The remaining Marine, Tommy Taylor (Jonathan Pienaar) had been a part of the setup. It appears that he is being blackmailed, as the as yet unknown bad guys are holding his wife hostage. Of course, Taylor reports to his commanding officer (a man known as Wild Bill) that he was knocked out, and does not know what happened to his fellow Marines. However, at the bar, a young boy named Toto was hiding behind a pinball machine, and he witnessed the whole abduction and also reports it to Wild Bill.
The two abducted Marines brings the total of missing Marines to four, and two others disappeared of a motorboat, and Wild Bill makes his report to Washington, telling the tale of the strange black clad Ninja. He asks for help. And what does he receive? A squad of Marines to take control of the situation? No. Two Army Rangers, Sergeant Joe Armstrong (Michael Dudikoff) and Sergeant Curtis Jackson (Steve James). On a Marine base, Army Rangers aren’t exactly welcome, and immediately the two men are treated as interfering interlopers. However, as anyone who has seen American Ninja 1 would know, these two men have had experience at fighting teams of Ninja before.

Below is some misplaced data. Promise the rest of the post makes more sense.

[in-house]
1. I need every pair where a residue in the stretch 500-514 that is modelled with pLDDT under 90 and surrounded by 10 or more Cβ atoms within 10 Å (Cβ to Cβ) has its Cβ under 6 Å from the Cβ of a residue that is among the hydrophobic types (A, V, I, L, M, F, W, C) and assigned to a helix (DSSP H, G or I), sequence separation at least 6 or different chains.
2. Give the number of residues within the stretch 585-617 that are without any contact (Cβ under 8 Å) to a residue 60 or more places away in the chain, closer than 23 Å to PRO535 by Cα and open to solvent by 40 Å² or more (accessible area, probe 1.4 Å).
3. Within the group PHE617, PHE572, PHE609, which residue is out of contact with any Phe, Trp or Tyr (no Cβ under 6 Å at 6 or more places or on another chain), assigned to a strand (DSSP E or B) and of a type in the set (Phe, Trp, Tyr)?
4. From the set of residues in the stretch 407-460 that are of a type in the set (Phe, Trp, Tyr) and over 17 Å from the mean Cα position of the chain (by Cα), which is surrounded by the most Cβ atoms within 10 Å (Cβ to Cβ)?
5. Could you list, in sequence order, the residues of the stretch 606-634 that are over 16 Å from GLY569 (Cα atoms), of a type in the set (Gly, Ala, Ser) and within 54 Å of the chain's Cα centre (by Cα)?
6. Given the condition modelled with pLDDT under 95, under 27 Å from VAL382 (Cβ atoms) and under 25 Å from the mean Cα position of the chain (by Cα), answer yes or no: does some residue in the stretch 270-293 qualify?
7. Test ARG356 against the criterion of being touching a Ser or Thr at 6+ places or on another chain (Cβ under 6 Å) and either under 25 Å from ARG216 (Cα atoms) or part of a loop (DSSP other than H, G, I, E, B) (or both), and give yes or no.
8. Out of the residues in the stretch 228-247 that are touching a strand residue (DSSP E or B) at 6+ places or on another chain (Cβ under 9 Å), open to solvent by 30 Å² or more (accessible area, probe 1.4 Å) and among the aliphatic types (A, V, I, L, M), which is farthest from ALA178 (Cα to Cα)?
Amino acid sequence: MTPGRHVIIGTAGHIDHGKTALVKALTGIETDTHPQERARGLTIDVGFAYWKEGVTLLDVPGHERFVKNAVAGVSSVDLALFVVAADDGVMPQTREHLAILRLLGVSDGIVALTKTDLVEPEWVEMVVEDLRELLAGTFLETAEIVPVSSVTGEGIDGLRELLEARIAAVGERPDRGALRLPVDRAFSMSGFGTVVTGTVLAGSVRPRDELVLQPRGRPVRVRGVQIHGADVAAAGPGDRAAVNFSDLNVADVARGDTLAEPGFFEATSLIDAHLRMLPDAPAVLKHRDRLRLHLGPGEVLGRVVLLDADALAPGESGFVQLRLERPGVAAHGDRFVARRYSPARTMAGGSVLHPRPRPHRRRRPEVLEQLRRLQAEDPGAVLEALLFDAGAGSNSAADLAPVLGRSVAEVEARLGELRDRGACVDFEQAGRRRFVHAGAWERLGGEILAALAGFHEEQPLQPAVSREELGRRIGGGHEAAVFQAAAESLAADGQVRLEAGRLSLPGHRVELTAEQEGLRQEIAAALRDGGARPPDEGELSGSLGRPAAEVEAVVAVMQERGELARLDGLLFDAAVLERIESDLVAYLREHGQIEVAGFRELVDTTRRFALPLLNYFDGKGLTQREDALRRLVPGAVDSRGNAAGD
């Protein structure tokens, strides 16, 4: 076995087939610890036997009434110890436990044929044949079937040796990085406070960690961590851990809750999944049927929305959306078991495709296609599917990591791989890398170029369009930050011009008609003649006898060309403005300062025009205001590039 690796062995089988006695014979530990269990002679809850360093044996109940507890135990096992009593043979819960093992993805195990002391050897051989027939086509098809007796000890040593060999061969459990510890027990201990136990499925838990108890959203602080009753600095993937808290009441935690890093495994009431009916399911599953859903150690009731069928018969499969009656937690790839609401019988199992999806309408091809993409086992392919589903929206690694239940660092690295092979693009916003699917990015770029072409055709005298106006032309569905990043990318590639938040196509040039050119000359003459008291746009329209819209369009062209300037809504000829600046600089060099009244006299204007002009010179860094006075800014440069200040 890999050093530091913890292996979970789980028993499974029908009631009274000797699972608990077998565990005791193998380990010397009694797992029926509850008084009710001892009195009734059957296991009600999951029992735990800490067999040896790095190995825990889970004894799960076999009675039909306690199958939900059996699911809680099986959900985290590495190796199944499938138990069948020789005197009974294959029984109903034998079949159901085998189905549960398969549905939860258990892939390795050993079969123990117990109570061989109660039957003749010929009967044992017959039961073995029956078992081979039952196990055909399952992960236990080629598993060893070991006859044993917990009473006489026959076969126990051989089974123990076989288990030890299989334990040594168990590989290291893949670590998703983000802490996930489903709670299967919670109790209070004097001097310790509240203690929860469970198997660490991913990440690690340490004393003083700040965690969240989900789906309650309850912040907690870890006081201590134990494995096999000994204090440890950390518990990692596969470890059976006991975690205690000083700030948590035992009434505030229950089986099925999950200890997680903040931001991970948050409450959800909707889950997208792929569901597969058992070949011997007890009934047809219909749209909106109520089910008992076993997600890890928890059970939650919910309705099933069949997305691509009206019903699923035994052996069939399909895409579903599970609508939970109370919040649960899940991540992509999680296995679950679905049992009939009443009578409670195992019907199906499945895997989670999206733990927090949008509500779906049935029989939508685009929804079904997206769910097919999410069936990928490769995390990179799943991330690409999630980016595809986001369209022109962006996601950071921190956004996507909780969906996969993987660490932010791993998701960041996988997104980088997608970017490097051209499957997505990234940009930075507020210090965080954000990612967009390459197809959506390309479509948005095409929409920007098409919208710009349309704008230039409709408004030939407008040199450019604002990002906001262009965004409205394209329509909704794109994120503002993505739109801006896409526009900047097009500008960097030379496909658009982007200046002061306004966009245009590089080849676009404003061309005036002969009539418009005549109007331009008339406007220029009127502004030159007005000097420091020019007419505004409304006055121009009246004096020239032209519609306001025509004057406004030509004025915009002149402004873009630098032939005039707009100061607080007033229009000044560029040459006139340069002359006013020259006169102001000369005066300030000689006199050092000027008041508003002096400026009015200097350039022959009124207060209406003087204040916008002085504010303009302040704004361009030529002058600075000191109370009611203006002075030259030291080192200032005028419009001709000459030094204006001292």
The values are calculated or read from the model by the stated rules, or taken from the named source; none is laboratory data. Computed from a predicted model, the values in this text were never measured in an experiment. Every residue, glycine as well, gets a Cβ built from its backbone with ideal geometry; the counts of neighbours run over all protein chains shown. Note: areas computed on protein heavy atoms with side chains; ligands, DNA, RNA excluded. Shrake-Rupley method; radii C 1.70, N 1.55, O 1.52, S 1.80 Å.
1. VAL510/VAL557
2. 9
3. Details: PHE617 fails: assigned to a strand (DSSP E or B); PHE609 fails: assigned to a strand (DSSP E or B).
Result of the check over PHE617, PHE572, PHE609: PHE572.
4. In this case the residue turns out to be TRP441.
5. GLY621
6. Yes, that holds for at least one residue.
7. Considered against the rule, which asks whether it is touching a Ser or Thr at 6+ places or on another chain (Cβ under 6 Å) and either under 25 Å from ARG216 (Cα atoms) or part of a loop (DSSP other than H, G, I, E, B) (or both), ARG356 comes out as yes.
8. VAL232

For those not familiar with the characters, let me explain. Joe Armstrong was brought up by a Japanese man, who passed on the skills of Ninjitsu. Now he is the only American who knows the secrets of the Ninja. He is the American Ninja. Curtis Jackson is the enthusiastic amateur. Don’t get me wrong, he is a good martial artist, but good martial arts are nothing compared to the skills of a Master Ninja.
Of course, it isn’t long until turncoat Taylor tries to set Armstrong and Jackson up, and on a beach, a team of Ninja come for them. Naturally our boys fight them off, but of course, their resistance marks them as a threat, and the villains of the piece target them for extermination.
As for the villain, well he’s Leo Bourke (Gary Conway) – known to all and sundry as The Lion. The Lion is the world’s biggest drug dealer, and to stay Number One, he has a plan to create a SuperNinja Army. Utilising misguided bio-geneticist, Professor Sanbourne the Lion’s plan for world domination is close to coming to fruition. On Blackbeard Island, Sanbourne is close to completing a bio-engineered army of SuperNinja, all of them with ultimate fighting skills encoded into their DNA. That’s where the kidnapped Marines come in – they provide DNA for the SuperNinja. Of course, Armstrong and Jackson have to stop them and spend the climax of the movie beating up a whole swag of Ninja. The Marines get involved too, and lots of things blow up.